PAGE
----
Larned mental Health Facility
LARNED If it weren't for the security guards and the barbed-wire fence, it might pass for a community-college campus.
The Sexual Predator Treatment Program at Larned State Hospital lies in the center of the state, tucked into the Kansas prairie a few miles outside Larned, accessible by a winding, rural road.
It's a quiet fact of life for people in this city of 5, 000 that the hospital is home to about 130 people labeled as Kansas' most dangerous sex offenders.
"As long as you don't get no trouble :" said Wilbur Graver, 79, a retired hospital worker who was relaxing on a recent morning along the city's main drag. "You don't hear too much complaining. It probably ain't no different than anywhere else."
Few Kansans - in Larned or anywhere else - have seen fit to complain about the program since it began 11 years ago.
In theory, it's a place where the most dangerous sex offenders are sent after being released from prison. They're there to get mental health treatment until they're safe to return to society.
But in the past year, it's become clear the formula isn't that simple. More people are entering the program, costs are growing, but only one person has completed treatment.
And critics say there are still major, unanswered questions about whether the program is actually doing what it was created to do. To some, the program is essentially prison at three times the cost to taxpayers.
"There's room for improvement there, and I don't think the state has been extremely honest about what goes on, " said Tim Davis, a former clinical group leader at Larned, now a professor at Fort Hays State University.
In the spotlight
Two events this year have put the program in the public eye.
First, the state caused an uproar with its plan to release Leroy Hendricks to a geriatric group home near Lawrence in rural Leavenworth County. The plan is now on hold as an appeals court considers whether the county can use zoning laws to keep Hendricks out.
Then, a study by the state found that the program's population could triple in coming decades and that, in 11 years, only one person had successfully finished the program. If the trend continues, it will cost Kansans millions more dollars in years ahead.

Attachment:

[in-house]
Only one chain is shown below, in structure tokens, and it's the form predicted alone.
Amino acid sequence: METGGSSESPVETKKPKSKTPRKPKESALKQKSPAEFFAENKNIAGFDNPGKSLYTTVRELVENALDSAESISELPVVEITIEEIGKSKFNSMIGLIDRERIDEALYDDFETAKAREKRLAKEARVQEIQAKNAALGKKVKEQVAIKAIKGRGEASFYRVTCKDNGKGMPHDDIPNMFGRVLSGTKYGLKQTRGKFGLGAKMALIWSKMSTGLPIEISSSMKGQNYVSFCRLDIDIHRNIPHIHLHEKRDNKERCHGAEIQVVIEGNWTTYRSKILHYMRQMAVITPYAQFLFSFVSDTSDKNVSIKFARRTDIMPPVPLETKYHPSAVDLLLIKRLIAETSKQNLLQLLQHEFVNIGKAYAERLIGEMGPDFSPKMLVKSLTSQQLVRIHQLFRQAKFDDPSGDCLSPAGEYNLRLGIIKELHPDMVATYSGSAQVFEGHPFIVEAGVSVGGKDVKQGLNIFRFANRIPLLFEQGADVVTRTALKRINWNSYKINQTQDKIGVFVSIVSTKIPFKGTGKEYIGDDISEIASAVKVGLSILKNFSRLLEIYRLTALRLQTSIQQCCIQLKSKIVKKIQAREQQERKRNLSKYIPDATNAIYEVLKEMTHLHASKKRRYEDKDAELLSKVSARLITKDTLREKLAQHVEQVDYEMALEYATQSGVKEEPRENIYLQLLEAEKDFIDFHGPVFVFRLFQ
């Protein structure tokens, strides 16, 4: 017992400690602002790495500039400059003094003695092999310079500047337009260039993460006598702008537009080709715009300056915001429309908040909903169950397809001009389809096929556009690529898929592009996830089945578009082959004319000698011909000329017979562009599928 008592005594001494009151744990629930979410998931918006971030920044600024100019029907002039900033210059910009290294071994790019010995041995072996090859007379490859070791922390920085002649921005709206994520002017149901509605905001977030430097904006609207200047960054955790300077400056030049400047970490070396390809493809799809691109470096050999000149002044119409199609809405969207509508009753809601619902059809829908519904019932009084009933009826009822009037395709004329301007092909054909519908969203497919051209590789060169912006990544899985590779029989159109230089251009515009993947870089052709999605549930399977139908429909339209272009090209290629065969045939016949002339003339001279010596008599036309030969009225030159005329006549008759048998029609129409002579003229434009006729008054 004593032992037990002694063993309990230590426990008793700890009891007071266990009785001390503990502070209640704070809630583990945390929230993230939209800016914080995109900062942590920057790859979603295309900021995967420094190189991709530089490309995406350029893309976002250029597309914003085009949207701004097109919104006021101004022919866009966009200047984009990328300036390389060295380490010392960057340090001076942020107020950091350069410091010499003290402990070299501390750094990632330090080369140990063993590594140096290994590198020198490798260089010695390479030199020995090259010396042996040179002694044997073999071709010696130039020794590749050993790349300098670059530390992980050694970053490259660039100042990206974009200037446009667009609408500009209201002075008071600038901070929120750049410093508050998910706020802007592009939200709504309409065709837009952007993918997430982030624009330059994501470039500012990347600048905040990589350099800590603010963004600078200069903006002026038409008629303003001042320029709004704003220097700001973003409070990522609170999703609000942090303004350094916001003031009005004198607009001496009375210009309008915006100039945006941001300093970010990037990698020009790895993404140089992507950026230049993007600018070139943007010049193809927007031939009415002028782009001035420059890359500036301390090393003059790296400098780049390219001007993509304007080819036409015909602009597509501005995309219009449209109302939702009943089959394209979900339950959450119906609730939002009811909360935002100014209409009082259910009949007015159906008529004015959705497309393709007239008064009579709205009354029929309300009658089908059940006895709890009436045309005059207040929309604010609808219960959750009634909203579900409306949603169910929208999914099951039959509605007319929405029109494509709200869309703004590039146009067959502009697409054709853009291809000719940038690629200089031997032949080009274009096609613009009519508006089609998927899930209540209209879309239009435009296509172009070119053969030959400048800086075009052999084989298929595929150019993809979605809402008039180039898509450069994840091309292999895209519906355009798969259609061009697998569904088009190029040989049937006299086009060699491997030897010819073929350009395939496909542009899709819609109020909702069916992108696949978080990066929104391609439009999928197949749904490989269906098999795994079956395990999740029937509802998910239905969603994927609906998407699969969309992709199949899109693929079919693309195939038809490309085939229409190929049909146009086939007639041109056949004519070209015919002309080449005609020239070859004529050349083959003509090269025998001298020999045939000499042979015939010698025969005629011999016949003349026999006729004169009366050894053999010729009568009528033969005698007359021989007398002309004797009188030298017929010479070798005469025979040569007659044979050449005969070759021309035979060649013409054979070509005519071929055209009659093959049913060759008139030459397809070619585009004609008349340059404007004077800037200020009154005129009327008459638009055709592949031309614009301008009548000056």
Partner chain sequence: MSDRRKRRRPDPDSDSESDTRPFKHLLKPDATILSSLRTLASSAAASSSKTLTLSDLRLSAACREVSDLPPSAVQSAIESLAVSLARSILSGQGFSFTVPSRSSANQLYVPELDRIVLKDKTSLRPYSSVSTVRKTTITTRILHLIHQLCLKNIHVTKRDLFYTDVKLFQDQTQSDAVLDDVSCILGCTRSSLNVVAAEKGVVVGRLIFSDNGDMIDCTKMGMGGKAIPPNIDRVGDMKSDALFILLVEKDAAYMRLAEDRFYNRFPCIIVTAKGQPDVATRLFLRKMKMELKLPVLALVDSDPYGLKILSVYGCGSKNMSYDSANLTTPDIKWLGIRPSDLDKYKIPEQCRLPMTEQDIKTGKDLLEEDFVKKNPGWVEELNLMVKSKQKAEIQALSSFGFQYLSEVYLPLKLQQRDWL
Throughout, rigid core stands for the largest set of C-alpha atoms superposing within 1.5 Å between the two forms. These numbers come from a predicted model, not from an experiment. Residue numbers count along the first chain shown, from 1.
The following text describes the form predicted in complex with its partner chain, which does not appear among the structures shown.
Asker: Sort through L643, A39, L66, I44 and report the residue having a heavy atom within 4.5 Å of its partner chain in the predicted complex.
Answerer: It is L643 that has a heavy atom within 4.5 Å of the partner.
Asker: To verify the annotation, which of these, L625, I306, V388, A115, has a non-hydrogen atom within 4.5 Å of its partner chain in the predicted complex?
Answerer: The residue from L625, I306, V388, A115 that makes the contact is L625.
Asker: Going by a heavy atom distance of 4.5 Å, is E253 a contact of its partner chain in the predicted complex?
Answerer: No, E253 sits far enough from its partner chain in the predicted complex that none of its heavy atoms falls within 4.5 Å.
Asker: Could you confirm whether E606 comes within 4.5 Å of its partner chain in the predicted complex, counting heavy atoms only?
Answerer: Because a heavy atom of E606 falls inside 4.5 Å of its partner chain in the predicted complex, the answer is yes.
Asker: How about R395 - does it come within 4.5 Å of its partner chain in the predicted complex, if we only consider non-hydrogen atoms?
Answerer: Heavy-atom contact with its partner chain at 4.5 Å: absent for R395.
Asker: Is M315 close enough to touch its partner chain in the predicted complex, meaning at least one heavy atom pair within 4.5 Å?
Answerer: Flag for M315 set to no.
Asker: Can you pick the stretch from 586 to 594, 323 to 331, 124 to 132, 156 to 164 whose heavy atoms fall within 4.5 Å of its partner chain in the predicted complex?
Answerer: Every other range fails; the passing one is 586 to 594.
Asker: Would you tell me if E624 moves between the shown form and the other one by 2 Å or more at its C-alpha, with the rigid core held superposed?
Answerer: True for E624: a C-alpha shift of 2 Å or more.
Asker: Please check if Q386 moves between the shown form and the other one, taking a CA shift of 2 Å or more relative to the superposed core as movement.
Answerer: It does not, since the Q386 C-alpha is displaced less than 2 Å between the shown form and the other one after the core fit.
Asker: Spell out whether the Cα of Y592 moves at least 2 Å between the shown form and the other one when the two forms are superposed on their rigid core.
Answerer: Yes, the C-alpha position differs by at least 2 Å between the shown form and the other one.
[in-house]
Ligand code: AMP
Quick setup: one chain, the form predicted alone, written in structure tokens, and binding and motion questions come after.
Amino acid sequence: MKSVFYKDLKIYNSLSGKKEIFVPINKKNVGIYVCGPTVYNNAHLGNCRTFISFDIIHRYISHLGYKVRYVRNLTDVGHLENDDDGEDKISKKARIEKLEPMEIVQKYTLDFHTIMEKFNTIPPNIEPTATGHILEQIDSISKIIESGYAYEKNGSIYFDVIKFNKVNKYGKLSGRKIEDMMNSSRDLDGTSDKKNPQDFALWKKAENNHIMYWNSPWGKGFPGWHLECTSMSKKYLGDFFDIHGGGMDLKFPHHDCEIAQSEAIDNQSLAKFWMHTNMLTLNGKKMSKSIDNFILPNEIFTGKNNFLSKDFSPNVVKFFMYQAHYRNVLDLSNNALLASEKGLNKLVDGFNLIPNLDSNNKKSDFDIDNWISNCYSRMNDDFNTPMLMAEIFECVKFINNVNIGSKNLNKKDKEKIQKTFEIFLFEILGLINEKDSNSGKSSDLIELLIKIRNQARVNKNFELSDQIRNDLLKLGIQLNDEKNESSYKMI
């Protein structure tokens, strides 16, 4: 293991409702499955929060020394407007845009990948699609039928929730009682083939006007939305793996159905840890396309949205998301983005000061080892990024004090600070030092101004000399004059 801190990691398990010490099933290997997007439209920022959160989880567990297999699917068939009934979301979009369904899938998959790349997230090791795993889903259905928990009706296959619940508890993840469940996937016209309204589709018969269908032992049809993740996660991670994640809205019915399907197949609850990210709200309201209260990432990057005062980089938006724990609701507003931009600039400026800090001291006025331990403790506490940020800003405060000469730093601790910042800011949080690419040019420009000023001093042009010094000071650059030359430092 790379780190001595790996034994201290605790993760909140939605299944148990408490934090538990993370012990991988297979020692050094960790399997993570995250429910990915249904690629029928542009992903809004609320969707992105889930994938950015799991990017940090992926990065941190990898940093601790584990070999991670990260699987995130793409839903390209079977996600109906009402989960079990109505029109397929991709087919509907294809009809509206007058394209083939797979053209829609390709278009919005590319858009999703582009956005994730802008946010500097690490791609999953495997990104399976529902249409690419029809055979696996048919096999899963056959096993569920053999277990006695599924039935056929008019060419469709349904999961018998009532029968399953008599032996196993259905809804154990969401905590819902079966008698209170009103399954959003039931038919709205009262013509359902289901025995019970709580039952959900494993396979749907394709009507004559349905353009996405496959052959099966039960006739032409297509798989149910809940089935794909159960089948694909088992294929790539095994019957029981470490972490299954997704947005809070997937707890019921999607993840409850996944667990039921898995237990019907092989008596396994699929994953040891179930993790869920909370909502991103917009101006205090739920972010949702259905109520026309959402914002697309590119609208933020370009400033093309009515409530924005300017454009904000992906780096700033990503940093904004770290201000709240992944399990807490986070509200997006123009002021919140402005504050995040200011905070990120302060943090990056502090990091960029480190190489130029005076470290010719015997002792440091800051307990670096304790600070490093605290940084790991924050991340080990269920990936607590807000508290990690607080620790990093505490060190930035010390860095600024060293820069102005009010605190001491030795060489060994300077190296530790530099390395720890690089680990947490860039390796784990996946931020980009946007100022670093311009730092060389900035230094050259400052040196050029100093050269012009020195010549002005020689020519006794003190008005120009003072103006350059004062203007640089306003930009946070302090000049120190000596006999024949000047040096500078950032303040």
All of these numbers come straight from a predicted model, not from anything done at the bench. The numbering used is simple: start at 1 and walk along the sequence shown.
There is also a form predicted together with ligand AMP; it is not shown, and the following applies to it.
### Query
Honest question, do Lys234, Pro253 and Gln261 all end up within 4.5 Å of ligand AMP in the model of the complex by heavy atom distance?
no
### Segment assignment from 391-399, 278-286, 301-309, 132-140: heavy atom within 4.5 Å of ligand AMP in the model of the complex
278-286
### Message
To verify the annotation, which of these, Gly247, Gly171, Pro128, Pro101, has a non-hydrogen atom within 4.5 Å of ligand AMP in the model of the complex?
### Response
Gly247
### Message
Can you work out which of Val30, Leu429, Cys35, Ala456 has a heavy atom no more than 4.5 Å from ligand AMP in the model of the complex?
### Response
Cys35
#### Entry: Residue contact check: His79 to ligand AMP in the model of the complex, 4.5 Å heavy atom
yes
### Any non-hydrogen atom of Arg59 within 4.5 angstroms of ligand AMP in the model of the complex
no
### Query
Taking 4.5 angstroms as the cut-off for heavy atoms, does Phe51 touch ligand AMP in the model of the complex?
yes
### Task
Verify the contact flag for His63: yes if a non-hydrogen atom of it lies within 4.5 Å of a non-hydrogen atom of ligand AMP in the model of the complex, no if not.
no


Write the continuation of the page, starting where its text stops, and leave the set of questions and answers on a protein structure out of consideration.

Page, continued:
The program cost $6.9 million this year and is expected to cost at least $7.8 million next year. According to state numbers, it cost about $150 per day last year to house someone at the sexual-predator program, compared with about $53 per day in a Kansas prison.
The study released this spring, by the state's Division of Legislative Post Audit, found that "many residents aren't progressing through the Program's phases on a timely basis."
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Davis, the former staff member, said he believes the residents aren't entirely to blame for that. He said the program has been a "political disaster" for the state and that there's pressure to not let people out.
"I think they're disingenuous in how willing they are to let people go through the program, " he said. "That was really one of the things that caused me to leave. I couldn't any longer look at the residents and say, 'Work hard, and you'll get out.'"
The program's clinical director, Austin DesLauriers, said he's never been directed to not let residents work through the program. But he said staff members occasionally get feedback "that there is some real resistance to the idea of graduates of our program re-entering the community."